Shipwreck Cove (Navagio Beach), Zakinthos Island, Greece 🇬🇷
After a lovely sunny day yesterday that saw us all happily harvesting Vitamin D, we awoke to grey skies, and left the anchorage to head north around the tip of the island. There are lots of caves here, called “blue caves”, but you need the sun to be shining for them to show their true potential, so we didn’t stop for a look. We arrived at Shipwreck Cove just as the rain stopped and the sun intermittently came out. We flew the drone but wanted to wait for the sun to get higher so that part of the beach wasn’t in shade. The bay was quite lumpy due to a swell coming in, so we tried our first ever hand launch and hand landings with the drone, which was entertaining. The first one was fine, but the second one the boat lurched up when Steve went to catch it, and got a “drone bite” when his finger hit some of the blades. Luckily the drone quickly recovered and he was able to grab her again without any loss of control.
So, here are some of the images. This lovely deep cove, has a ship wrecked on the beach. The ship was wrecked here in 1980 during stormy weather, and was reported to be smuggling cigarettes for the Italian mafia, and got into trouble while trying to evade the Greek navy. She’s 157ft in length, 26ft wide, had a draft of 14ft, and a GRT of 452 tonnes. She’s now a great tourist attraction, and only accessible by sea.
The other awesome thing about this bay, is the amazing colour of the water. It’s the most bright turquoise colour, almost fluorescent, and it was great to just sit and stare at it. The sheer cliff faces on either side are very dramatic, and made for great photos.
Zakinthos Island 🇬🇷
We crossed from Kefalonia to Zakinthos, and stopped in briefly at Nicolaos for a look. Not much to see here except lots of boats getting ready for the tourist season - they do tours of the blue caves and shipwreck bay. We moved to Alikanas for the night and spent 3 nights there. There was a kiwi boat in the bay with an English couple who live in NZ on board. They have been cruising Greece for 3 seasons, so gave us some great tips. There was not much on shore at this place either - mostly bars and restuarants all water blasting, cleaning, touching up the paint, and generally getting ready for the tourist season to kick off in a few weeks time. Yesterday gave us a taste of summer with a lovely calm hot sunny day - it was fantastic. It also gave us a chance to clean the boat after the previous day’s “dirty rain” - that’s when the desert sands in the atmosphere come down with the rain and cover your boat 😕. After a good day cleaning, we soaked up the sun and almost considered a swim, until we dipped our toes in to find it was still very cold - might have to wait a while longer for that to warm up.
Sami, Kefalonia Island 🇬🇷
We motored around the top of Kefalonia, and went in to Fiskardo Port for a look. It’s another cute little fishing village that apparently survived the 1953 earthquake. We needed to head further south to Sami to drop our guests off at the bus tomorrow, so continued on down the coast. We stopped for a while for a look at some dolphins hanging around a fish farm, and then continued on. A thunderstorm developed around us, but it mostly passed before we arrived in Sami. We did, though, get poured on while tying up to the pier in Sami. Ten minutes after we tied up the sun came out, which was most welcome! Sami is another cute little village, which seems to rely on the tourist trade. There’s some underground lake caves an easy bike ride away, so we’ll hopefully check those out on Wednesday when they open. There are two other cruising boats tied up beside us - one French boat who are keeping to themselves, and a couple of German guys who we had a great chat to. It’s always nice to meet new people and hear their stories and about their lives.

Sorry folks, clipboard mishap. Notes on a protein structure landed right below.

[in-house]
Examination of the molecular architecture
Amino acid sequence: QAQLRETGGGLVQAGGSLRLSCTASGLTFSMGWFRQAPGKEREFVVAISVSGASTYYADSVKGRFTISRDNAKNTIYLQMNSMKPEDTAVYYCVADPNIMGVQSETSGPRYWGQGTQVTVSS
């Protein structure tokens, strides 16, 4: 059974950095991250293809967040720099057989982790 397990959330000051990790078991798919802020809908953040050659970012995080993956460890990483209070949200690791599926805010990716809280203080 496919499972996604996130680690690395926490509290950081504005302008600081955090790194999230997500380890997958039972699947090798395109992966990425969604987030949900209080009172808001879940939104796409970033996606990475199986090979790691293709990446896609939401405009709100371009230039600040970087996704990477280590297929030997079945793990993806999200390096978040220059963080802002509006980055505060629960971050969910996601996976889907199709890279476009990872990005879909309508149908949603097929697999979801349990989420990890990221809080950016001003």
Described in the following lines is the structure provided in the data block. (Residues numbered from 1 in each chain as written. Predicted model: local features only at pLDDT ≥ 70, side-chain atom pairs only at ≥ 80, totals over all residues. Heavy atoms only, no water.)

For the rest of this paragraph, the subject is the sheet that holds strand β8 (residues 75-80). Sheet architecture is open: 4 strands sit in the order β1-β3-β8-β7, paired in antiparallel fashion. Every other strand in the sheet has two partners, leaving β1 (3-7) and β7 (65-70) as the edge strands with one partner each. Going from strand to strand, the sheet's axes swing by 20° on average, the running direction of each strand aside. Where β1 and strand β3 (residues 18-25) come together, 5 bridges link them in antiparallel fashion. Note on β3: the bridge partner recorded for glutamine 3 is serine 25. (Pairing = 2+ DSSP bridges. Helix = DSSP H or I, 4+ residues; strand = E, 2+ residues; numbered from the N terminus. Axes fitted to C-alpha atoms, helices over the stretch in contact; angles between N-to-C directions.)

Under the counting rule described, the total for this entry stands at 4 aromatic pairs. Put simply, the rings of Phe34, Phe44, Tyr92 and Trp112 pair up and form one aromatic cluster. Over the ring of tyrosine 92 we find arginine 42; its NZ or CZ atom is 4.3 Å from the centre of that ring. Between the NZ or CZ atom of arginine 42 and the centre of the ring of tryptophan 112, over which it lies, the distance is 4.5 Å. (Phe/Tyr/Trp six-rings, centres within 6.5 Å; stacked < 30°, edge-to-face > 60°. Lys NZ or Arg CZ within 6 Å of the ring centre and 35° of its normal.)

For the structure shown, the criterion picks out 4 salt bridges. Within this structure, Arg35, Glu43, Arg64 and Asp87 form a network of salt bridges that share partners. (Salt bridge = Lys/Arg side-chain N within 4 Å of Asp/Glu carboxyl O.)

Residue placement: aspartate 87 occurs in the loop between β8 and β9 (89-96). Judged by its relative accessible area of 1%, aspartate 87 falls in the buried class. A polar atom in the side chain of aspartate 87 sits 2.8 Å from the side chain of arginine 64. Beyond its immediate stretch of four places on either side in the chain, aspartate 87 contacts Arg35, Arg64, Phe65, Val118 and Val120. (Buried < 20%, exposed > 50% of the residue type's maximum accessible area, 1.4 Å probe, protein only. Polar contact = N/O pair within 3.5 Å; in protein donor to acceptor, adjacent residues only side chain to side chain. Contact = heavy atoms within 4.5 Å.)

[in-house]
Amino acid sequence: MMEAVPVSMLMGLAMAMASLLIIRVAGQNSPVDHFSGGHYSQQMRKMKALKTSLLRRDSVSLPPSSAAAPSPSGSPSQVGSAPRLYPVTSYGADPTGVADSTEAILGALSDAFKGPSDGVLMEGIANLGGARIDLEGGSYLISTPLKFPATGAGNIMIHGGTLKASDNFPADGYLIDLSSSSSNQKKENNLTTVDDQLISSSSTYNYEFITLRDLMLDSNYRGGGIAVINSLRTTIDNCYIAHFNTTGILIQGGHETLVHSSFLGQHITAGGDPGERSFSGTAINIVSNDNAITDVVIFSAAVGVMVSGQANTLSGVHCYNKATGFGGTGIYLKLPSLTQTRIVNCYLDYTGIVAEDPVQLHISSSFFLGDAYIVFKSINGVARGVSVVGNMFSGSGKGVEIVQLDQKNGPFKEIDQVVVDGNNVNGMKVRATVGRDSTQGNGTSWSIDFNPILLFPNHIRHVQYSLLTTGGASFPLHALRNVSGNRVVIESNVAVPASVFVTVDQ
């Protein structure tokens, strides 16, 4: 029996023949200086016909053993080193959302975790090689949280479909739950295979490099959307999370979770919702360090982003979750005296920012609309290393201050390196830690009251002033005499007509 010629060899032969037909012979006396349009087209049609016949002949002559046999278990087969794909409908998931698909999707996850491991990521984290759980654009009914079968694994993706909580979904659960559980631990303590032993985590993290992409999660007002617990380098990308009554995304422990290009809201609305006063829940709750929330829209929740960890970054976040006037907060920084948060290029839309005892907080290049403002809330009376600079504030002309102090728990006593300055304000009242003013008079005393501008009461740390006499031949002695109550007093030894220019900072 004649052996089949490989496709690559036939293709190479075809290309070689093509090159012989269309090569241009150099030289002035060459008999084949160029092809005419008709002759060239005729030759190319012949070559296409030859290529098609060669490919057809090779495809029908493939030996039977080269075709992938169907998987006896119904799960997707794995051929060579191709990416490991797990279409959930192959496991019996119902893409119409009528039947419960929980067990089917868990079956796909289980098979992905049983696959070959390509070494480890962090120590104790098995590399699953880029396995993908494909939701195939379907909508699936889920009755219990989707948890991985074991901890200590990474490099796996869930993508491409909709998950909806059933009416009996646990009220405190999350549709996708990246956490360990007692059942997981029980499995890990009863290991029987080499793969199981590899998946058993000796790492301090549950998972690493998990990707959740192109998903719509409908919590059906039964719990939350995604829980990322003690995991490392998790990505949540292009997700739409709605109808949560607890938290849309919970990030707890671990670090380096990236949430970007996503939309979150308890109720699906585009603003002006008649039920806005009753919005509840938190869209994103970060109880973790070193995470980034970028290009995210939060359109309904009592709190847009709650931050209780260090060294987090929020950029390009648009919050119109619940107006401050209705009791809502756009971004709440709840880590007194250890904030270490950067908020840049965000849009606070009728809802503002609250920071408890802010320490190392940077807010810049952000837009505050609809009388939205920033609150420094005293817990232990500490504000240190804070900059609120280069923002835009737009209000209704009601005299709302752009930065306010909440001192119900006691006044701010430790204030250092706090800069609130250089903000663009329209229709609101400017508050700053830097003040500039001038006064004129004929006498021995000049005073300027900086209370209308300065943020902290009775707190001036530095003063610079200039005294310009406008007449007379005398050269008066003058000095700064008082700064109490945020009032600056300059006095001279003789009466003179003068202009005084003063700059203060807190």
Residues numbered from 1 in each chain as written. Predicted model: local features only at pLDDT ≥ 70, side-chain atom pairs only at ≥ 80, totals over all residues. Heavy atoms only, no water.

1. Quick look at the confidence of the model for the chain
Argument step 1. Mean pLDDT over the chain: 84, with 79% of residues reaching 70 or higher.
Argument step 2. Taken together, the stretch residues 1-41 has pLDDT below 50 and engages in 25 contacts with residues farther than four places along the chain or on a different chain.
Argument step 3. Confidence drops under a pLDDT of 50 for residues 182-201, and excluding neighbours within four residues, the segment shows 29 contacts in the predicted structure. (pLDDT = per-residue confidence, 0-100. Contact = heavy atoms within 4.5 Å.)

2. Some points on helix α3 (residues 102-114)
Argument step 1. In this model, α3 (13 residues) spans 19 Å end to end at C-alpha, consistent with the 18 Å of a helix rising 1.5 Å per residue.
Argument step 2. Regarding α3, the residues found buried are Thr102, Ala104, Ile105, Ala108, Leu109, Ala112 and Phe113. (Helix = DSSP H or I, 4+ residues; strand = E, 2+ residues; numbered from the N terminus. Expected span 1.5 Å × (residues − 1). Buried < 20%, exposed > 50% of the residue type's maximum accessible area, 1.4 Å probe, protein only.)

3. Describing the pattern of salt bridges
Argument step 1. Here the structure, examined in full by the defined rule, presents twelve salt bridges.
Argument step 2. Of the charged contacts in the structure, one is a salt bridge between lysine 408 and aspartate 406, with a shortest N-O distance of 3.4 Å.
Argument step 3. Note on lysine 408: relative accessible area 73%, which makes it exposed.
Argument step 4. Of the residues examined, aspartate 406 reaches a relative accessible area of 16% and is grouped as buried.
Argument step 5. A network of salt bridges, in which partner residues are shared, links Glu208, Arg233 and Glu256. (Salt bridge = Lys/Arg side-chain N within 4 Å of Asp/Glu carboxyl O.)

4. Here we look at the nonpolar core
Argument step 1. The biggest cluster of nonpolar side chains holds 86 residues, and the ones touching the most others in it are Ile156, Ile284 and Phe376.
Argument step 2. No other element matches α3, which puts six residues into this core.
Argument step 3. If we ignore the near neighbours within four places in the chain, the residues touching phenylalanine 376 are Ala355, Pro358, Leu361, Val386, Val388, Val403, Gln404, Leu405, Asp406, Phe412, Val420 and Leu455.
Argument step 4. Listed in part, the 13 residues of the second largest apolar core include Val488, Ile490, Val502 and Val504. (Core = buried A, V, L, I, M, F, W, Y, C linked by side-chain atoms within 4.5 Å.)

Assos, Kefalonia Island 🇬🇷
Late on Friday night we had two friends turn up to stay for a few days. On Saturday it started out very windy and rainy, but cleared enough for a look around on shore. The next day the wind was gone, but it’s still overcast. We motored around to the cutest little village you’ve ever seen called Assos. After flying the drone for some photos, we walked up the hill to a Venetian Fort for a look. It started drizzling on the way back so it was a movie night on board while listening to the rain.
We anchored up in Greece safe and sound at about 10 pm last night. We have cleared customs, got our transit cruising log, and will have two guests joining us tonight for a few days. Unfortunately the weather for the next few days is rain. 😢
After motoring from Tunisia to Palermo, and then most of the way around to Siracusa, we finally had an awesome sail from Siracusa to Kefalonia, Greece. We had the big shhhhh 🤫 sail up and were doing 8-9 knots most of the way, with speeds increasing as the wind did, allowing us to finish in the 9-10knot range, and a top recorded speed of 12.9knots! By our rough calculations we did a 198nm day - so close to the magic 200nm! To top it off, we landed a nice sized tuna. About 4 hours after we arrived the wind got up, and it’s blowing and raining here today, so we timed it perfectly.